- Associated Press - Wednesday, December 30, 2015

PORTLAND, Ore. (AP) - Gov. John Kitzhaber’s unprecedented fourth term turned into an unprecedented short term, and his abrupt February resignation was selected Oregon’s story of the year in the annual vote conducted by The Associated Press.

Every editor or news director who submitted a ballot of 10 top stories had the governor’s downfall as either the biggest or second-biggest story of 2015. Those who didn’t put Kitzhaber in the top spot chose the massacre at Umpqua Community College, which finished in second place, just ahead of the legalization of recreational pot.

Those were the only stories named on every ballot as editors went all over the map with their remaining picks. Reflecting the variety of opinions, the three stories that just missed the top 10 included the rollout of Common Core-aligned testing, the Portland Timbers winning the Major League Soccer championship and - of course!- the improbable stardom of the Portland International Airport carpet.

Here are 2015’s top 10 stories:

1: GOVERNOR RESIGNS: Just weeks after being sworn in for his fourth term, Oregon Gov. John Kitzhaber surrendered to political pressure and quit over allegations his live-in fiancee, Cylvia Hayes, used their relationship to win contracts for her consulting business and failed to report the income on her taxes. Federal agents launched a criminal investigation in February, but no charges had been filed as 2015 drew to a close. Kitzhaber has denied wrongdoing. Secretary of State Kate Brown assumed Oregon’s highest office after Kitzhaber ended his four-decade political career.

2: COLLEGE SHOOTING: A 26-year-old gunman opened fire at Umpqua Community College, fatally shooting nine people before killing himself. The Oct. 1 attack shattered the Roseburg community and immediately reignited national debates about gun violence, school safety, mental health and media coverage. President Obama lamented that mass shootings and the reaction to them have become “routine.” He visited the timber town to meet privately with grieving families, ignoring protests from gun-rights activists.

3: MARIJUANA LEGALIZATION: The decision by Oregon voters to approve recreational marijuana was last year’s No. 1 story. The process of putting legalization into practice remained a major topic throughout 2015. The highlight day was Oct. 1, when medical pot dispensaries began selling to recreational users over 21. Some shops opened at midnight, giving away free food and T-shirts, and offering discounted marijuana.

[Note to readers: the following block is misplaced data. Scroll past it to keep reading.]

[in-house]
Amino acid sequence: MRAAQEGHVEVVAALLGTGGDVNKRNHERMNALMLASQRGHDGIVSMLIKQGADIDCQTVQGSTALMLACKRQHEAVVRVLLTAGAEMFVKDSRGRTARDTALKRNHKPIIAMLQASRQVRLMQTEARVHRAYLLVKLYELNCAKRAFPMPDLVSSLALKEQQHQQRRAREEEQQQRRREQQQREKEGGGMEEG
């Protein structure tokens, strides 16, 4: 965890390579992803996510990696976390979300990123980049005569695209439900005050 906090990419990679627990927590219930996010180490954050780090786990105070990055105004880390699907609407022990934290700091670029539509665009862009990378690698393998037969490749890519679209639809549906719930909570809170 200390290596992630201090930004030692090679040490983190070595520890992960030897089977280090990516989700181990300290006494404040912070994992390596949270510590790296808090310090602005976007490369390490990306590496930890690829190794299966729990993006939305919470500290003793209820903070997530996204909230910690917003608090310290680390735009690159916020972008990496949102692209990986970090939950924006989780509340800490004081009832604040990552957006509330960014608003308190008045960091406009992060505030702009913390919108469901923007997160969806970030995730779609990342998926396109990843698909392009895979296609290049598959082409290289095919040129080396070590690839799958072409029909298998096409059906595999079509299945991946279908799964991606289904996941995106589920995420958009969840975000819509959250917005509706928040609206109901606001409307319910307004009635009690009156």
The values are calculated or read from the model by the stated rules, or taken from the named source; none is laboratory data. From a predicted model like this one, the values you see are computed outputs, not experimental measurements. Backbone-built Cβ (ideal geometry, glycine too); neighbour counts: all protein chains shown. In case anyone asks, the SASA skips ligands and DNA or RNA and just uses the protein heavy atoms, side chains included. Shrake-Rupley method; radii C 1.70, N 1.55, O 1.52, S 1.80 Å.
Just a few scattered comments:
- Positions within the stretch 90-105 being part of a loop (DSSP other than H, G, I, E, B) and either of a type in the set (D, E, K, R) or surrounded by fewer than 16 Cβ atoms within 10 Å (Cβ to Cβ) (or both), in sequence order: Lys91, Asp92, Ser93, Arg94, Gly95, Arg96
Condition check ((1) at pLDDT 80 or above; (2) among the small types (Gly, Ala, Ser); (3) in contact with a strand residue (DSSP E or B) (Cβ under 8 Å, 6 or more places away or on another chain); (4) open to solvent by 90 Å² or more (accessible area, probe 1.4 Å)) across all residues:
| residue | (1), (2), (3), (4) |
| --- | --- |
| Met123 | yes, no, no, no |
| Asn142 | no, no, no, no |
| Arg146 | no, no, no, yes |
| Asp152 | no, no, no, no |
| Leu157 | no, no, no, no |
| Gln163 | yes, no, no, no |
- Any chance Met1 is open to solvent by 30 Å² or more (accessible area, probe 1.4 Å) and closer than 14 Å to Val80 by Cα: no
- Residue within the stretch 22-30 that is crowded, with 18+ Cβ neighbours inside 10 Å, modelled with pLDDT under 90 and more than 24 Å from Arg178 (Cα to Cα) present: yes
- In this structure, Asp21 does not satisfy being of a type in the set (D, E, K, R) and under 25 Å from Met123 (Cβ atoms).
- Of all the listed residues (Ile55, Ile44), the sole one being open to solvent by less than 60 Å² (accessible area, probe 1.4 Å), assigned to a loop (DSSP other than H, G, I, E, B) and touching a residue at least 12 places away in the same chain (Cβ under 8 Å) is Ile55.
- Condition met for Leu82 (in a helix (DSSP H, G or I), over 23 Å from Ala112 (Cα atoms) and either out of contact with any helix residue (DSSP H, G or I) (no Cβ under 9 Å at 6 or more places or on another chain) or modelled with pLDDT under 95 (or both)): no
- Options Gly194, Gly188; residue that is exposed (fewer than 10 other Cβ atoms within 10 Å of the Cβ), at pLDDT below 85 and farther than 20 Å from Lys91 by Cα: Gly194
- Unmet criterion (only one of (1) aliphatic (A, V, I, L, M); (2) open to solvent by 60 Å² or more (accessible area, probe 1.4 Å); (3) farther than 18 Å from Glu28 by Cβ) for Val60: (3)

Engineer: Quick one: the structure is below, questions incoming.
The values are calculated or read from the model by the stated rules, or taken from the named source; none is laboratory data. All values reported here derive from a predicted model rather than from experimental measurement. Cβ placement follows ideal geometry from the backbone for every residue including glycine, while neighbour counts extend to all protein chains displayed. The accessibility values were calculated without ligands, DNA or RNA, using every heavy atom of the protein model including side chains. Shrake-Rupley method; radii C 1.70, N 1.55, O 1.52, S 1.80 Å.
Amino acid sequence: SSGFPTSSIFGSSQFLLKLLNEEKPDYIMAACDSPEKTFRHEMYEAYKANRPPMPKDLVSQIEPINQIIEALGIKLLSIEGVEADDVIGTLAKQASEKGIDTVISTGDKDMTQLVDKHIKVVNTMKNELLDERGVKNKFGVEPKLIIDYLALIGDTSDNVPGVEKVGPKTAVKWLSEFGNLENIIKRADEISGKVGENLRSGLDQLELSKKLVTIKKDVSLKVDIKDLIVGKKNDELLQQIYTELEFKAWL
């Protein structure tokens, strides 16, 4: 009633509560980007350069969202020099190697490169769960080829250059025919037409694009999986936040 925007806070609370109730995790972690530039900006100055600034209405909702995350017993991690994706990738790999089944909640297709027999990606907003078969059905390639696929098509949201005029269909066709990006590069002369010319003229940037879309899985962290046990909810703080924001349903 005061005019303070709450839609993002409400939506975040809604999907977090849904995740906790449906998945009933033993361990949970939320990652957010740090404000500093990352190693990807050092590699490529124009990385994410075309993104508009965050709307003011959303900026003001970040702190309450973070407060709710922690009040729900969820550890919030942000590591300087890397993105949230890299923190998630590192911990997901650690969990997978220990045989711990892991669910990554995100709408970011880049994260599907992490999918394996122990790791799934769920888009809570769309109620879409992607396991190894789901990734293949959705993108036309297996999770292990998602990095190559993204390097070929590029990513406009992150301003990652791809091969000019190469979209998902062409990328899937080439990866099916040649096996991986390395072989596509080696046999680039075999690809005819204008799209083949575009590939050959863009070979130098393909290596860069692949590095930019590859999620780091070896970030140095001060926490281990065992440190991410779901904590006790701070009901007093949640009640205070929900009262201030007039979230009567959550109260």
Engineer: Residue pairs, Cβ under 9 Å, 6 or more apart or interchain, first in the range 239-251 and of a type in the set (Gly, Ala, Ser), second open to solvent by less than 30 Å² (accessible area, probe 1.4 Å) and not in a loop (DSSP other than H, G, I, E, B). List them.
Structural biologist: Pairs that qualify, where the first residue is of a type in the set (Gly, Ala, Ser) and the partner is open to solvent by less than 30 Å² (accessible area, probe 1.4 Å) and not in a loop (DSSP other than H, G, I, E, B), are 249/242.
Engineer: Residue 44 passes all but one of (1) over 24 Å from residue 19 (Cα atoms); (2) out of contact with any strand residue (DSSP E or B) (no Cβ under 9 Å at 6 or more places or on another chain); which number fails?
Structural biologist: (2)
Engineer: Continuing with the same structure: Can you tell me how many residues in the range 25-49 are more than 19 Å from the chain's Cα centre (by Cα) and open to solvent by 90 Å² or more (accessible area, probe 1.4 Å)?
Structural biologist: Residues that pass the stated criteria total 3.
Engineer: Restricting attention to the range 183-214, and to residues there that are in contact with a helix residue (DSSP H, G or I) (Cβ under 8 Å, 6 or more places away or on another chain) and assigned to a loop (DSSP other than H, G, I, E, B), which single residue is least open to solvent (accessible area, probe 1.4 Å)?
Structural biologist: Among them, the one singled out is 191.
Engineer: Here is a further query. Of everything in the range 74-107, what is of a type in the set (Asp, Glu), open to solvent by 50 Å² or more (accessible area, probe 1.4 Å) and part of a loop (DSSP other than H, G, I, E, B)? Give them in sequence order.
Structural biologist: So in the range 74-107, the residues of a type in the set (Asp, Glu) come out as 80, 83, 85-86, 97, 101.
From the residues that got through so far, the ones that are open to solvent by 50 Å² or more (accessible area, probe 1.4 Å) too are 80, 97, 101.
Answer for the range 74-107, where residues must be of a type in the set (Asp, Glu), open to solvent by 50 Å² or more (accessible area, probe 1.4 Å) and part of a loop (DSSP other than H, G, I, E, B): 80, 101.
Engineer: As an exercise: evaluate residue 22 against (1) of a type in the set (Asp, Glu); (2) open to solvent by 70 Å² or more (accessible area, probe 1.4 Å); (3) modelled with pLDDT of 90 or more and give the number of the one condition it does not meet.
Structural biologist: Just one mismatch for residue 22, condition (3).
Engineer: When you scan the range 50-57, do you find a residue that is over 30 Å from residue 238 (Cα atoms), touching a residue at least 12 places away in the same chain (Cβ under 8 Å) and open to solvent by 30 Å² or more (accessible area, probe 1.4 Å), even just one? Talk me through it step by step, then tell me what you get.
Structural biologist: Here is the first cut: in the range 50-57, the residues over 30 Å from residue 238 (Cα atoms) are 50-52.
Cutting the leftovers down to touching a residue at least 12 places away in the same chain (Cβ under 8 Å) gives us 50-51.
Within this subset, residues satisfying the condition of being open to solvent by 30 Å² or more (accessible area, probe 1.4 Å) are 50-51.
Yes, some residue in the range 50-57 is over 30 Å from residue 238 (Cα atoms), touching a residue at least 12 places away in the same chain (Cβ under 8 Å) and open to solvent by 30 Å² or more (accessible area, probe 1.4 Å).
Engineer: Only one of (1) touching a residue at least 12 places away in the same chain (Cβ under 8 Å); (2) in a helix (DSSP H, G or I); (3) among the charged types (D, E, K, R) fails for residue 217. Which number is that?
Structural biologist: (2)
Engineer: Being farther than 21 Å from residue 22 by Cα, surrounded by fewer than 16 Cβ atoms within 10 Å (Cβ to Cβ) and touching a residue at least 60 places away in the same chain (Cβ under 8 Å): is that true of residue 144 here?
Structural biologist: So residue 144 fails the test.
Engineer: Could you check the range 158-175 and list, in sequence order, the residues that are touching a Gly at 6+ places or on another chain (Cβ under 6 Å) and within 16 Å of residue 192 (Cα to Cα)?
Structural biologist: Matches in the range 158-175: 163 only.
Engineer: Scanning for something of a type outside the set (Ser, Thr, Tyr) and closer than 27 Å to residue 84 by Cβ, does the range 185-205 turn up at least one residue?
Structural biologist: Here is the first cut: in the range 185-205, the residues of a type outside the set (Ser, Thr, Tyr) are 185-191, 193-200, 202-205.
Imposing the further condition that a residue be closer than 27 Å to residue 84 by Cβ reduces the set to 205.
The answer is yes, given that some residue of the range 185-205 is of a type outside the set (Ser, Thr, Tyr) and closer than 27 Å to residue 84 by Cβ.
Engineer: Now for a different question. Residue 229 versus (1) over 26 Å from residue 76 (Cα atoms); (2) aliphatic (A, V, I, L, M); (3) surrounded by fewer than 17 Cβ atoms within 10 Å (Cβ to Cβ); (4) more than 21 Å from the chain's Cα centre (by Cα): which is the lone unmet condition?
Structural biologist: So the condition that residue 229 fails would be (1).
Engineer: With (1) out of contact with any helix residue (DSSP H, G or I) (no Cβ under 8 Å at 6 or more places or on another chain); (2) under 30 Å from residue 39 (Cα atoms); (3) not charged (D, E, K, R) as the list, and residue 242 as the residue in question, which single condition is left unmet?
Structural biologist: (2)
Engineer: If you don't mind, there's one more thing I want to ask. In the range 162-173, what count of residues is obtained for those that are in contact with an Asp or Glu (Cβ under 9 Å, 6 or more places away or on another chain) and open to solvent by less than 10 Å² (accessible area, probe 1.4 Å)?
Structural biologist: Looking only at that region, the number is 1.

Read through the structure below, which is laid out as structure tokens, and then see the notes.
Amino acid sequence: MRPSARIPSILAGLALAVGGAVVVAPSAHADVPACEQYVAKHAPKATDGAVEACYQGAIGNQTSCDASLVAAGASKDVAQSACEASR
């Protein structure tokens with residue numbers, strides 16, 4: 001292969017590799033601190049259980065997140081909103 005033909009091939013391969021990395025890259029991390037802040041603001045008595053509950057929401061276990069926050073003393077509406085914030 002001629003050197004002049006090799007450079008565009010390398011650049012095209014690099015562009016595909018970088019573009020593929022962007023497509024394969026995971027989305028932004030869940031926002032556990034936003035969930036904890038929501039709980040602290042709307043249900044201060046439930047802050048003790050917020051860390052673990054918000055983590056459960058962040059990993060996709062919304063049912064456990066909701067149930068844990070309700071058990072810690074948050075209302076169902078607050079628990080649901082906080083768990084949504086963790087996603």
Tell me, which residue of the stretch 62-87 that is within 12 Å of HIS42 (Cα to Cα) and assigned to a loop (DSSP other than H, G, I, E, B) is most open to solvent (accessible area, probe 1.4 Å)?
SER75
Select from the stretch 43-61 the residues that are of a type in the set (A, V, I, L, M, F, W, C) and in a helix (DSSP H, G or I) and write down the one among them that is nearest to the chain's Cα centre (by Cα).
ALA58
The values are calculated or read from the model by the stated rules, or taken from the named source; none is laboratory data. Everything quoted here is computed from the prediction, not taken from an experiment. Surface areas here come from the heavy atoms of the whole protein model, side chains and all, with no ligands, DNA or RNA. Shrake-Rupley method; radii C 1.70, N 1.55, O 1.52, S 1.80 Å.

4: DROUGHT: Last winter saw a dreadfully low snowpack, and the continuing dry weather led Gov. Kate Brown to declare drought emergencies for more than two dozen counties. Record December precipitation that triggered flooding and landslides eased the drought, with much of the rain and snow occurring after the ballots had been sent.

5: HOUSES BURN: Officials and rural homeowners feared a bad wildfire season because the land was so dry. Their fears were realized in many parts of the state as flames raged through parched forests and grasslands. A lightning-sparked blaze near John Day burned 172 square miles and destroyed more than 40 homes. No Oregon wildfire since the Great Depression has destroyed more homes.

6: PUBLIC PENSIONS: The Oregon Supreme Court ruled in April that some cuts to public-employee retirement benefits are unconstitutional, wiping out much of the savings lawmakers were trying to attain. The justices said workers were promised an annual inflation increase of up to 2 percent, and the Legislature couldn’t scale it back retroactively. It was the second time in a decade the court rejected legislative efforts to curtail pension benefits already accrued.

7: GUNS-BACKGROUND CHECKS: Oregon legislators approved a law requiring background checks for private gun transactions. The law requires gun buyers and sellers who aren’t related to visit a licensed gun dealer who can run a background check. Republicans opposed the measure, saying it would burden gun owners who are committed to following the law without changing the behavior of people willing to break it.

8: OREGON DUCKS FOOTBALL: Heisman winner Marcus Mariota led the University of Oregon to the first College Football Playoff national championship game, but dreams of bringing a national title back to Eugene crumbled in a 42-20 loss to Ohio State. Mariota passed for two touchdowns, but the Ducks were held to their lowest point total of the season.

9: PORT OF PORTLAND: Two major shipping companies stopped serving the Port of Portland amid labor turmoil. Hanjin and Hapag-Lloyd, which represented more than 90 percent of container traffic at the port, said their move was based on low productivity. Businesses that relied on the container terminal for international shipping are now paying more to send their goods to out-of-state ports via truck or rail.

10: DRILLING PROTEST: Greenpeace activists rappelled off Portland’s St. Johns Bridge this summer in a dramatic attempt to stop a Royal Dutch Shell icebreaker from leaving the city to join an Arctic drilling operation. The vessel eventually threaded its way past the dangling demonstrators. But late in September, Shell announced it was ending further exploration in the Chukchi and Beaufort seas because of disappointing results from an exploratory well.

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